A small group of red Luing cows is being herded down a quiet road in Orkney in northern Scotland. The hedgerows are full of plants such as umbels, shepherd's purse and eyebright. Above, a greater skua keeps an eye out for food, and swallows dive and swoop for insects.
It may look like just another day on a farm in Orkney, but today marks the beginning of a unique scheme aimed at saving some of Scotland's rarest birds. And it's the cows, of all things, that are the birds' saviours to be.
The scheme is the unlikely brainchild of the Royal Society for the Protection of Birds (RSPB). Its aim is simple-, to improve the diversity of the environment and so increase the number and variety of birds that live there by getting cows to eat the heather.
The seven cows are being put to work with local stockman Duncan Reid on 970 hectares of heather moorland. Their job is simple: to eat, walk on and crush the heather. But they won't be destroying the landscape, they'll be improving it, says Andy Knight, the RSPB's reserves manager for Orkney.
'Because of the cows, there will be more young plants,' he explains, 'including ragged robin, red campion and milkwort. That makes it better for insects and mammals. For the birds, it will be like living in a full larder rather than a half-empty one.
There'll be more food for them to eat than there is now,' he continues. That will help them to get through difficult times such as the wet summer and cold winter that we've just had.'
The RSPB's reserve at Birsay Moors in Orkney draws visitors from around the world to see birds such as meadow pipit, skylark, plover, curlew, stone chat and twite. It's also one of the few places in Britain where hen harriers live. There are only 400-600 pairs in the whole country and many of those live on Orkney.
'In five years' time, because of the cows, the numbers of birds - especially hen harriers - will have doubled,' Andy says. This is our legacy, to make sure that all of this stuff is here for people in the future.'
But he warns that without the cows, the future for some bird species in the area could be bleak. I've been in conservation for 25 years, and birds that were common [back when I started], such as corncrakes and skylarks, have now gone,' he says. 'Hen harriers could easily go, too. Things can disappear very quickly if they're not looked after. And once you've lost a bird, you can't get it back.'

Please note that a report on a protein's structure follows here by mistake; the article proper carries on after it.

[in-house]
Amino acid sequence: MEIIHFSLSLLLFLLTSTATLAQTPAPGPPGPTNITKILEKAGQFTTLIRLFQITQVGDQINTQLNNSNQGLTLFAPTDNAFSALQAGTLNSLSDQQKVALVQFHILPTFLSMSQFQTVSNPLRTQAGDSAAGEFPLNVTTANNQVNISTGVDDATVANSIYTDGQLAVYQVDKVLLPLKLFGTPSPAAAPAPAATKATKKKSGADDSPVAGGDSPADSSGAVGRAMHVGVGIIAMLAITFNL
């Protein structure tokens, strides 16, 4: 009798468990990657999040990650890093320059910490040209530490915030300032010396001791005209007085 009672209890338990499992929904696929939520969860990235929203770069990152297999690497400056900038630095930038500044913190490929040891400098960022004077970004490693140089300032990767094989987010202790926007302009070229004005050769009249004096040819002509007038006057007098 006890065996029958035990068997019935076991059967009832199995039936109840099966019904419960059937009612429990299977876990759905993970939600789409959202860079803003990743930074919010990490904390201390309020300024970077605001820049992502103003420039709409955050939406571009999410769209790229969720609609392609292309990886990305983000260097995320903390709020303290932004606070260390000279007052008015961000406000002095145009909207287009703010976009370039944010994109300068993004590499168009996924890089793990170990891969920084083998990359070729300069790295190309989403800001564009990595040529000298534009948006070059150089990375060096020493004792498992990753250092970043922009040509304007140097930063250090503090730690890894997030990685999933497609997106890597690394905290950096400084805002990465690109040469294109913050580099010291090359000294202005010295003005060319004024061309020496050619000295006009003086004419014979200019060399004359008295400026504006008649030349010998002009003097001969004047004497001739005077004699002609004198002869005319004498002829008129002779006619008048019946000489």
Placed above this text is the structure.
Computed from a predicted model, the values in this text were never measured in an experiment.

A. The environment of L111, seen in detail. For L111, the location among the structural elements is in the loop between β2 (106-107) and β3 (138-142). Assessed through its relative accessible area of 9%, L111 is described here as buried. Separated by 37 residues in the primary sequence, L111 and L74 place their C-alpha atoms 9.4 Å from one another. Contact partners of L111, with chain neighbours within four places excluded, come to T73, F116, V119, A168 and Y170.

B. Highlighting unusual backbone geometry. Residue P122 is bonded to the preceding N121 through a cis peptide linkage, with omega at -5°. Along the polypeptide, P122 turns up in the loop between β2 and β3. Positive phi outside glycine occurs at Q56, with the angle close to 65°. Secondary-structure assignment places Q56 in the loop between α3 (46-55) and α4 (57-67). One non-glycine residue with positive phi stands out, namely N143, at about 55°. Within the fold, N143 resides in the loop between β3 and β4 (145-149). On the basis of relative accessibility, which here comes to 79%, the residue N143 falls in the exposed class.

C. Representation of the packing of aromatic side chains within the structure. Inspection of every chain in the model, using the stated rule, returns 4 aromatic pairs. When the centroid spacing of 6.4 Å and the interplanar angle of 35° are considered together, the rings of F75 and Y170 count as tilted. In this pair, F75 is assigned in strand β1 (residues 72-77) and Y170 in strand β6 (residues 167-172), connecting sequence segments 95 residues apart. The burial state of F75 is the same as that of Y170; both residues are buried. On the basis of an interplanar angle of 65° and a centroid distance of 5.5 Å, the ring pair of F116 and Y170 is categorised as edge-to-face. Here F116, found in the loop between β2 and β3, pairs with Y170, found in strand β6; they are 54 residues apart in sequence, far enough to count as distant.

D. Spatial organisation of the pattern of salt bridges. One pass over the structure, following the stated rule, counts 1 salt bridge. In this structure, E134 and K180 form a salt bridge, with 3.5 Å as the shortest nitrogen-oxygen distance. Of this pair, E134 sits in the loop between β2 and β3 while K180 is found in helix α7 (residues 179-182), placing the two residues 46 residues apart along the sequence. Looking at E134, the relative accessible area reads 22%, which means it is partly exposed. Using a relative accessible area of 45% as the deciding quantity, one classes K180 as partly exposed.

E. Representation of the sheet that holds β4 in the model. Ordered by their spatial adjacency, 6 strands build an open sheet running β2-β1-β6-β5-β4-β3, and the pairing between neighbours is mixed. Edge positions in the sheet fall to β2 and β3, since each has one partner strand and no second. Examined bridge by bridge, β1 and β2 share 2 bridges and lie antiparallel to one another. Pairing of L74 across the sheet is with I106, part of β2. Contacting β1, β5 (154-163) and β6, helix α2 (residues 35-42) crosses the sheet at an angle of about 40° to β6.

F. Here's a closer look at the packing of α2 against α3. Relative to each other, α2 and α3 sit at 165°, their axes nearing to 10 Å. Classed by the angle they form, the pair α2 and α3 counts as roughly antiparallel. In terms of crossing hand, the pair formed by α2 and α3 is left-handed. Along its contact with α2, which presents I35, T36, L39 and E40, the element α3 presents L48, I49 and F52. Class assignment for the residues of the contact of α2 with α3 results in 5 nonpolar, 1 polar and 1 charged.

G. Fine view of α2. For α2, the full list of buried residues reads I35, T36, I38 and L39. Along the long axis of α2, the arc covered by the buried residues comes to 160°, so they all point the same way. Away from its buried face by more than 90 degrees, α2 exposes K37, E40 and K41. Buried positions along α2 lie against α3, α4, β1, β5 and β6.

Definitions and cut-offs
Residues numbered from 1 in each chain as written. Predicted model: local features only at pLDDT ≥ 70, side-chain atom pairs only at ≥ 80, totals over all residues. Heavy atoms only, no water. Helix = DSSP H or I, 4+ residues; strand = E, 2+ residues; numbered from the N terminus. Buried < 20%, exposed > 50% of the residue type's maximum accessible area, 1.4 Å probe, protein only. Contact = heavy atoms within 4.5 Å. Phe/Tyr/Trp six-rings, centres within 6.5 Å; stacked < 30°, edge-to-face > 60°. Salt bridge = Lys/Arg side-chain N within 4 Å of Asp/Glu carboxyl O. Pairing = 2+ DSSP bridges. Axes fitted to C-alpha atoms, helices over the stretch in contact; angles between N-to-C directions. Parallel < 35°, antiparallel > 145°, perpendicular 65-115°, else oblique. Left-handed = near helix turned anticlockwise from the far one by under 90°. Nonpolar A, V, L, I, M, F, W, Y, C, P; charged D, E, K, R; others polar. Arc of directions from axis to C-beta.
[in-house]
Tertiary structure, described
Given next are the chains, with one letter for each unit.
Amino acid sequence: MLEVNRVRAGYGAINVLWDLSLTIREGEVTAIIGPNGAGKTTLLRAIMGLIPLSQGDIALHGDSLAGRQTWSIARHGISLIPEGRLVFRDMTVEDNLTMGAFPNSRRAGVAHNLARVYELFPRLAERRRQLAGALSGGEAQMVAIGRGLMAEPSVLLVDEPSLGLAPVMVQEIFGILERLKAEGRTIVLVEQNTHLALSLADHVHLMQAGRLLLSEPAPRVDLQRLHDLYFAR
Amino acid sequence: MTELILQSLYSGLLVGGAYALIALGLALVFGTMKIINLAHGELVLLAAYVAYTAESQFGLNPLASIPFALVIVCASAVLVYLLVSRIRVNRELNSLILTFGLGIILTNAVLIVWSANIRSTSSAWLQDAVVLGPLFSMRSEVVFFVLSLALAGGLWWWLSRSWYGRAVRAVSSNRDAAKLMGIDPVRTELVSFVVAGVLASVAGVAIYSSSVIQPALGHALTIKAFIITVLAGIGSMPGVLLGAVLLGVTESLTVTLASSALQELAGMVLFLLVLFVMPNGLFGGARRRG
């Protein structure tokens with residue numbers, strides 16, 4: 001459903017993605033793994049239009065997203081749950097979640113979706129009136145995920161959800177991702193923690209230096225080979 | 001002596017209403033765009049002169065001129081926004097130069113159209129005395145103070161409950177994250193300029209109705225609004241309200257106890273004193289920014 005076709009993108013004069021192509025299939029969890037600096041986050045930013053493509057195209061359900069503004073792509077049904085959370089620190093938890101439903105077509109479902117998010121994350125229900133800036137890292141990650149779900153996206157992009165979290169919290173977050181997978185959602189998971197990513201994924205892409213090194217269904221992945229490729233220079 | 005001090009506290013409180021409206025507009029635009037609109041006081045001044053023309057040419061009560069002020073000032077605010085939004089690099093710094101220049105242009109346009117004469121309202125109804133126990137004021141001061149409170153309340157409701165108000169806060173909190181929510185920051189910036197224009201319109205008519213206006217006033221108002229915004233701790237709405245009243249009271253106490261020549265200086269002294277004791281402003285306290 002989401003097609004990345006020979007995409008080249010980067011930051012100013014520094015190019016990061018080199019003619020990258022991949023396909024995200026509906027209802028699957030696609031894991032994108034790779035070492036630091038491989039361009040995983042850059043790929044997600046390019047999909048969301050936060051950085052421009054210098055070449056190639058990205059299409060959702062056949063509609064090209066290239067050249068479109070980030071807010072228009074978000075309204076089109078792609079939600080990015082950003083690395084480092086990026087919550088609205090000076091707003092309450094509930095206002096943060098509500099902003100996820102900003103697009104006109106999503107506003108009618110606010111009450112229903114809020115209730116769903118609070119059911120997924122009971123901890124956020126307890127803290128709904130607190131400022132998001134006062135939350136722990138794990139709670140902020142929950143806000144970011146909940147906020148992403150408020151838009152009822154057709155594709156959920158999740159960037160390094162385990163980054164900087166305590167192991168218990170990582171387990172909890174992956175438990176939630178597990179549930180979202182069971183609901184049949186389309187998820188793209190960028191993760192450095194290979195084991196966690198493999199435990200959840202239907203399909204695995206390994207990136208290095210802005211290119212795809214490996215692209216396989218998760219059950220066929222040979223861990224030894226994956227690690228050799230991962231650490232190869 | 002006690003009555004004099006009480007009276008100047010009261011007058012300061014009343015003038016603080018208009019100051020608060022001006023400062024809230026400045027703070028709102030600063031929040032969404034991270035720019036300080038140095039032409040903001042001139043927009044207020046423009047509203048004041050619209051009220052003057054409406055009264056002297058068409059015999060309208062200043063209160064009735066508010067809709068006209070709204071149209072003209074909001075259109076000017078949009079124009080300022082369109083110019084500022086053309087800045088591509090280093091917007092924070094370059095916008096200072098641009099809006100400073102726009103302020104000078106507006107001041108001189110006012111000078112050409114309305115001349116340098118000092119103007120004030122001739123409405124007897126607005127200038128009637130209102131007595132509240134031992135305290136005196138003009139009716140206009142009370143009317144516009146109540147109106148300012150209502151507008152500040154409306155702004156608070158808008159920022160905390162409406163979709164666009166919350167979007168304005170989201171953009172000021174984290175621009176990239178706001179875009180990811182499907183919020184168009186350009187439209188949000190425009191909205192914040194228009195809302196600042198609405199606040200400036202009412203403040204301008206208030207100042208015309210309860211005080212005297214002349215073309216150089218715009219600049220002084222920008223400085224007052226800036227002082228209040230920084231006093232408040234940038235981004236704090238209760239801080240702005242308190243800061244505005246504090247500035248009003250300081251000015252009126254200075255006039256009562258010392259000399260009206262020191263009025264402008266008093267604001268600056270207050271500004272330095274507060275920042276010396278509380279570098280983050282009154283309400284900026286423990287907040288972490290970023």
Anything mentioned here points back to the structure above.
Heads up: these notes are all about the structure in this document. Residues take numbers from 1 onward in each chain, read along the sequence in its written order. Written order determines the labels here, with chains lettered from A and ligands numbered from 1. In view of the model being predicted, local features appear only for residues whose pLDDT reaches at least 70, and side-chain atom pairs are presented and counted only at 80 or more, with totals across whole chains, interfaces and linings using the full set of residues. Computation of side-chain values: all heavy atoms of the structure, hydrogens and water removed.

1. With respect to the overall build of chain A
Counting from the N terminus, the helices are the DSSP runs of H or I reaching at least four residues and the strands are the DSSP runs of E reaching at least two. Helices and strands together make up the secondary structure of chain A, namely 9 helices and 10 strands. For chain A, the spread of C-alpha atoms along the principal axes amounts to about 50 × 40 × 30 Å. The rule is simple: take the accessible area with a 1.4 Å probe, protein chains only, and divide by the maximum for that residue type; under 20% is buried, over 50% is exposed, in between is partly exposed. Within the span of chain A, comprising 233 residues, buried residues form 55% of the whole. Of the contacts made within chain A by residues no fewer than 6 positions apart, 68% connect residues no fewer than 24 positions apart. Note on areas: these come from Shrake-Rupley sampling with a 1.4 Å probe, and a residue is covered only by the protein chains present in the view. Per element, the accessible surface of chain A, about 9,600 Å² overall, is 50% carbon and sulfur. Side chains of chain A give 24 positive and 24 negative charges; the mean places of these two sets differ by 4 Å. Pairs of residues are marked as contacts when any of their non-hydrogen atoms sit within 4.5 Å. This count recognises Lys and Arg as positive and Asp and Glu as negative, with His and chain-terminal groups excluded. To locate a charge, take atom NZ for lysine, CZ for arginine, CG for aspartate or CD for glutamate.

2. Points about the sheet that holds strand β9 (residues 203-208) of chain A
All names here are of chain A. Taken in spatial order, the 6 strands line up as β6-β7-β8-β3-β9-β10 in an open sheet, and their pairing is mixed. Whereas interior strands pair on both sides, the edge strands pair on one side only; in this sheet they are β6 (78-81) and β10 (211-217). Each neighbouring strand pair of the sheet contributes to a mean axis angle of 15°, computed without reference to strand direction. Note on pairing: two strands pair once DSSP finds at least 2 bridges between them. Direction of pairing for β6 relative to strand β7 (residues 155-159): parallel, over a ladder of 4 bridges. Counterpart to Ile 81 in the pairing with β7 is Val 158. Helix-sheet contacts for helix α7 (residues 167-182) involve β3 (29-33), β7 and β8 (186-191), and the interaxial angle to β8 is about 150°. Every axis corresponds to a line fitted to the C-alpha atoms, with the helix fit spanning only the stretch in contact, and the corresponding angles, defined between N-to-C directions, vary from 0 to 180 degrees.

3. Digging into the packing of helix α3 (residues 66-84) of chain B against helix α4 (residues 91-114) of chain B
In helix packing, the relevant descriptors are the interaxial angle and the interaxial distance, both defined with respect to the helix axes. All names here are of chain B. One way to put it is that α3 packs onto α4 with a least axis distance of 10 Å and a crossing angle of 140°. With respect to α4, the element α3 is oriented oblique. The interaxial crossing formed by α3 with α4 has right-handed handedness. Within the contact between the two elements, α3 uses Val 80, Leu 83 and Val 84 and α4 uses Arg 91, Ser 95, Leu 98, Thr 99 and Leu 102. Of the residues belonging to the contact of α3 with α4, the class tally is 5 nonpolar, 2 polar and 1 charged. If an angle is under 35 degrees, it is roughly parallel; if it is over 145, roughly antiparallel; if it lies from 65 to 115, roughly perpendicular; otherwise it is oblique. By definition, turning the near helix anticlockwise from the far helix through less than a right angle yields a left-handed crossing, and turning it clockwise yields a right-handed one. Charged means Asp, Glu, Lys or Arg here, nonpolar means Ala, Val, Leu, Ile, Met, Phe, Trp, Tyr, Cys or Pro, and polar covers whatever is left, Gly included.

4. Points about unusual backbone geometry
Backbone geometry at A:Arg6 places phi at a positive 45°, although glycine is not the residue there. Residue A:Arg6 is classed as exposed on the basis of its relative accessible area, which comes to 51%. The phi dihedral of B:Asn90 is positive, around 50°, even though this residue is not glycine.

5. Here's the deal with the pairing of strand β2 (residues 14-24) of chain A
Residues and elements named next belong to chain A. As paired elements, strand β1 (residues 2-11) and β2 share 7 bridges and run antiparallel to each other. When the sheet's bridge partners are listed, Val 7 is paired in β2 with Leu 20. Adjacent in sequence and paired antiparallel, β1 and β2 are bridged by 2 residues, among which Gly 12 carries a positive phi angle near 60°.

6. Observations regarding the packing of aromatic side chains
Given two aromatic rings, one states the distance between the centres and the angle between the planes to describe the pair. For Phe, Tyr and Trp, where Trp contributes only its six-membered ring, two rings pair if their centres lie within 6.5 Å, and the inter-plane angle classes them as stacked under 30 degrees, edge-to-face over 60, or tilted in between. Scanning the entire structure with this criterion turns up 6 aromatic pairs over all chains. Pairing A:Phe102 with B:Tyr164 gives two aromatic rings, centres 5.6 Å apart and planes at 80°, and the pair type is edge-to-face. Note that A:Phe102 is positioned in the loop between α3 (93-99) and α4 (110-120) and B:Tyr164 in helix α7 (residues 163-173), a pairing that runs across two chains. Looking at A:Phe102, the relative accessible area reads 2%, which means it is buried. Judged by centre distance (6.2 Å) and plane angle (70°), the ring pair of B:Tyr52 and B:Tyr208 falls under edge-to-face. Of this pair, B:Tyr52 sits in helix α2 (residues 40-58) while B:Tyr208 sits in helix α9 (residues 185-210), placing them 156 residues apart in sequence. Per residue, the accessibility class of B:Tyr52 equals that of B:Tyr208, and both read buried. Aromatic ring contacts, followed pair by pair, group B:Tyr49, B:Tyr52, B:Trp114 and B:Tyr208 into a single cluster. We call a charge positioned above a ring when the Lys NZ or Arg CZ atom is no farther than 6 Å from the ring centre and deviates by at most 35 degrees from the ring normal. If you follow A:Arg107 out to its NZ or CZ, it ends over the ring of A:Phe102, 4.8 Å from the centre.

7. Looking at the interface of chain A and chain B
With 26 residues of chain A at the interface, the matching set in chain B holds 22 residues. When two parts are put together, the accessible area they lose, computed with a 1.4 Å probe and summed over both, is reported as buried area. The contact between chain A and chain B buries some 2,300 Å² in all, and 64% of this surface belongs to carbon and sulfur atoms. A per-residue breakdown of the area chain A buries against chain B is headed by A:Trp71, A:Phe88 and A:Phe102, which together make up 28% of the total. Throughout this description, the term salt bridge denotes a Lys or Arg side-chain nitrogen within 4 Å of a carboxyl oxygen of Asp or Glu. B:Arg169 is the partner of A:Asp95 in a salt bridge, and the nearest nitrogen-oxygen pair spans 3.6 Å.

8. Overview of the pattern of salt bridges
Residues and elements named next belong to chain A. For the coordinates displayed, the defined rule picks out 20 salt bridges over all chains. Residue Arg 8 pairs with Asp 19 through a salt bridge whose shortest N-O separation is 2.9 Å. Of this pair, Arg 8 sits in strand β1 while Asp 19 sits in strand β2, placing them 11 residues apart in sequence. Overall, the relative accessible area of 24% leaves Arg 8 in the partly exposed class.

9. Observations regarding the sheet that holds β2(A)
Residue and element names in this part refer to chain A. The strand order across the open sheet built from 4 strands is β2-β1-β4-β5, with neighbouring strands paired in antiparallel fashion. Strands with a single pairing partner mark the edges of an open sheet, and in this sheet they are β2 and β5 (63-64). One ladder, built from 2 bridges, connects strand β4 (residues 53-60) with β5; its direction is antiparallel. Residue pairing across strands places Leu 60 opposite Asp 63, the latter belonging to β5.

The vast stretch of moorland dates back to Neolithic times. But since peat-cutting declined on the islands some 50 years ago, the heather has really taken hold. Today, it's the equivalent of a farming monoculture: not a very inviting place for birds to live.
To make matters worse, the uncared-for heather is now the target of moths and beetles. They've weakened the heather, and so reduced the numbers of insects and small mammals living there, which would have been food for the birds. So, although the landscape looks beautiful, the short-eared owl that we watch flapping its way across the moorland is having to work harder to find a meal.
This is where the cows come in. By eating the heather--which they're clearly very keen to do -and stamping it down with their large hooves, they'll help make way for other species. Common tormentil, devil's-bit scabious, heath spotted orchid and lousewort are all expected to thrive as a consequence of their chewing. These plants will, in turn, provide a fresh habitat for insects and, crucially, seeds for the birds to eat during the harsh winters.
The Luing cows that form the first herd on the moorland have been chosen for their placid nature. They normally live on a nearby organic farm run by Brian Ridland. Many areas of the farm are already set aside to provide food for birds in winter, when snow can lie on the ground for up to six weeks, and Brian sees lending the RSPB his cows as an extension of this. …